The Obama Admin. takes another step towards regulating tailpipe emissions today with the Environmental Protection Agency determining greenhouse gases contribute to harmful pollution.
“This finding confirms that greenhouse-gas pollution is a serious problem now and for future generations,” EPA Administrator Lisa P. Jackson says in a statement accompanying the agency’s findings.
Earlier this year, President Obama directed the EPA to revisit a waiver request to the Clean Air Act filed by California last year but rejected by the Bush Admin., which cited a list of reasons why greenhouse-gas emissions should not be regulated.
Auto makers traditionally have opposed the waiver and battled California in the courts for years over what the state considers its right to regulate emissions for vehicles and other large producers of greenhouse gases.
The next step for the EPA is to post its findings for a 60-day period of public comment. It will hold hearings on the issue in Arlington, VA, on May 18 and in Seattle on May 21.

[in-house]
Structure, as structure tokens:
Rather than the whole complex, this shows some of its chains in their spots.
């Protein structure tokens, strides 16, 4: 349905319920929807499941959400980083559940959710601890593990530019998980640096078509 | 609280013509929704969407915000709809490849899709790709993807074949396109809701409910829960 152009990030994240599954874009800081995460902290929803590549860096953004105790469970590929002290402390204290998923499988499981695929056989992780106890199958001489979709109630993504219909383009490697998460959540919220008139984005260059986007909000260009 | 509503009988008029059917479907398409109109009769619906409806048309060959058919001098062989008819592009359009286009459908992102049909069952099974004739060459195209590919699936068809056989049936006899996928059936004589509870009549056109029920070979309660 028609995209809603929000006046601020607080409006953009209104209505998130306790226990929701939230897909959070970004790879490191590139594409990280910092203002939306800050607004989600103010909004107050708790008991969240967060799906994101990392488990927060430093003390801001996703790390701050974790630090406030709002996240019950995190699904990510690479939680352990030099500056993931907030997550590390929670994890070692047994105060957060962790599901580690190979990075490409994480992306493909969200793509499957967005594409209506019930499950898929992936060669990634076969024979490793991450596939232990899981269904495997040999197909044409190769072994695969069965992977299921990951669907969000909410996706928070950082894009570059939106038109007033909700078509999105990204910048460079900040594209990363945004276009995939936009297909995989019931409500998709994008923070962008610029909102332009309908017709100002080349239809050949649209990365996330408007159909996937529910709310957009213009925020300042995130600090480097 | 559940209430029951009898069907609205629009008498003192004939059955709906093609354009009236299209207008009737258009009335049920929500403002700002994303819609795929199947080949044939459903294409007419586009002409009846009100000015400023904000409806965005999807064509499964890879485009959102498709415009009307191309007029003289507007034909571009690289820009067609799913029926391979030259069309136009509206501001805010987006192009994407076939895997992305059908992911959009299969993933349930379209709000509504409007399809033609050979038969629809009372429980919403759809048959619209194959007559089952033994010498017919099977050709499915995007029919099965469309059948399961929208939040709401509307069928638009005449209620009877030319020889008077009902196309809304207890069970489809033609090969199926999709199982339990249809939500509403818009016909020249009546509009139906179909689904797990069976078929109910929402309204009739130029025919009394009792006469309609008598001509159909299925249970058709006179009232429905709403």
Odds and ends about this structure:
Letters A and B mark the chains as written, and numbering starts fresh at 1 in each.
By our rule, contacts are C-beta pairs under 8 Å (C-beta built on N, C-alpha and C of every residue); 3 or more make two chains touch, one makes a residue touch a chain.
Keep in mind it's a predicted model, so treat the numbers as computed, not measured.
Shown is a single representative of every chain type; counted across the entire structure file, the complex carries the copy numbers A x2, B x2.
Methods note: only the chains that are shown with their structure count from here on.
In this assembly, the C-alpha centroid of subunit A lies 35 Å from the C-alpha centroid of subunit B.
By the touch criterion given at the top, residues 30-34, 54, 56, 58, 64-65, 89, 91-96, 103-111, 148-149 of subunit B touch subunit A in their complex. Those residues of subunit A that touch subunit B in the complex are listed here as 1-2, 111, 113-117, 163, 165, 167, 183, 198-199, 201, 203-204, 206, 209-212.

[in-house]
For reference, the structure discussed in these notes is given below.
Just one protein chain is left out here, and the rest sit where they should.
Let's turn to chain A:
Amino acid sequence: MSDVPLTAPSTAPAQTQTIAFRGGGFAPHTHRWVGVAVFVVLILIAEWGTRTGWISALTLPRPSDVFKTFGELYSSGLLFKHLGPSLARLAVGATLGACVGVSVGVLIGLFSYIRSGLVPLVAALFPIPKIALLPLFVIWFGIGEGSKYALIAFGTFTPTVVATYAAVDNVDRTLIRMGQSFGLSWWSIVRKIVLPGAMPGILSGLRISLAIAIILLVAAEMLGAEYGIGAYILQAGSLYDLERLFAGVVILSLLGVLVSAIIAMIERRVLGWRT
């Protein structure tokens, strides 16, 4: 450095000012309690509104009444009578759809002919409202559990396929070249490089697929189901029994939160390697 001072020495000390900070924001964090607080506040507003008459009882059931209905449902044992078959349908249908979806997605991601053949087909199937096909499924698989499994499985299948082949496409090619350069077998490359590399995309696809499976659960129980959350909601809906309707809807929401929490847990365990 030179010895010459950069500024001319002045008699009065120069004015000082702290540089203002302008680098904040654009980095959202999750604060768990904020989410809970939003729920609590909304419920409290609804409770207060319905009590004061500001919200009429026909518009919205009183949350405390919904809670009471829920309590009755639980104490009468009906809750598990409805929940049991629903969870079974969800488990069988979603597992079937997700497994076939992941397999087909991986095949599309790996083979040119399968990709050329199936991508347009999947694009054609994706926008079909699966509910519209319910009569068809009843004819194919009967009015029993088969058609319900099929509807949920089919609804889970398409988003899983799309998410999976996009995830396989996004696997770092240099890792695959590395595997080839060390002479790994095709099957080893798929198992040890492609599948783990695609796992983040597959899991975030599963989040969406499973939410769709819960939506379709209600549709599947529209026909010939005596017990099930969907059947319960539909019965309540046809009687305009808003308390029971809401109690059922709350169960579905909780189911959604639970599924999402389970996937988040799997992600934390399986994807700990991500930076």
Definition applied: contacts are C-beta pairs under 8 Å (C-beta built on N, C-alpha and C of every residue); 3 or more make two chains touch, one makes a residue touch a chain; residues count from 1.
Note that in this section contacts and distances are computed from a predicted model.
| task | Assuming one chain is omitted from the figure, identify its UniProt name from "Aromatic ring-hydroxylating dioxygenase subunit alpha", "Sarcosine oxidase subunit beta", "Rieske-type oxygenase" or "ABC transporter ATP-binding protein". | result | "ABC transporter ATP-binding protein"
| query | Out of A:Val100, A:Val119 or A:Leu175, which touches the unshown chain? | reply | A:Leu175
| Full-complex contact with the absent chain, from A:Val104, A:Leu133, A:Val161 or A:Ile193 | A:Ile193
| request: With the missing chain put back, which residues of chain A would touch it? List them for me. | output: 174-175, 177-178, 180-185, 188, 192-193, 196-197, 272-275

Auto makers have said granting the waiver would lead to a costly, state-by-state patchwork of regulations, but their stance has softened in recent months due to the economic crisis.
Nonetheless, the industry remains adamant emissions should be regulated by a single standard, either by existing corporate average fuel economy rules or a limit on carbon-dioxide emissions, a key greenhouse gas.
The determination by former EPA Administrator Stephen Johnson last year ran counter to a Supreme Court decision in 2007, which ruled greenhouse gases are air pollutants covered by the Clean Air Act.
The court said the EPA should decide if greenhouse-gas emissions from automobiles are a health threat, but Johnson argued his team could not determine if it represented a danger and essentially punted the controversial issue to the new administration.
More than 13 states want to regulate greenhouse gases under the same waiver requested by California.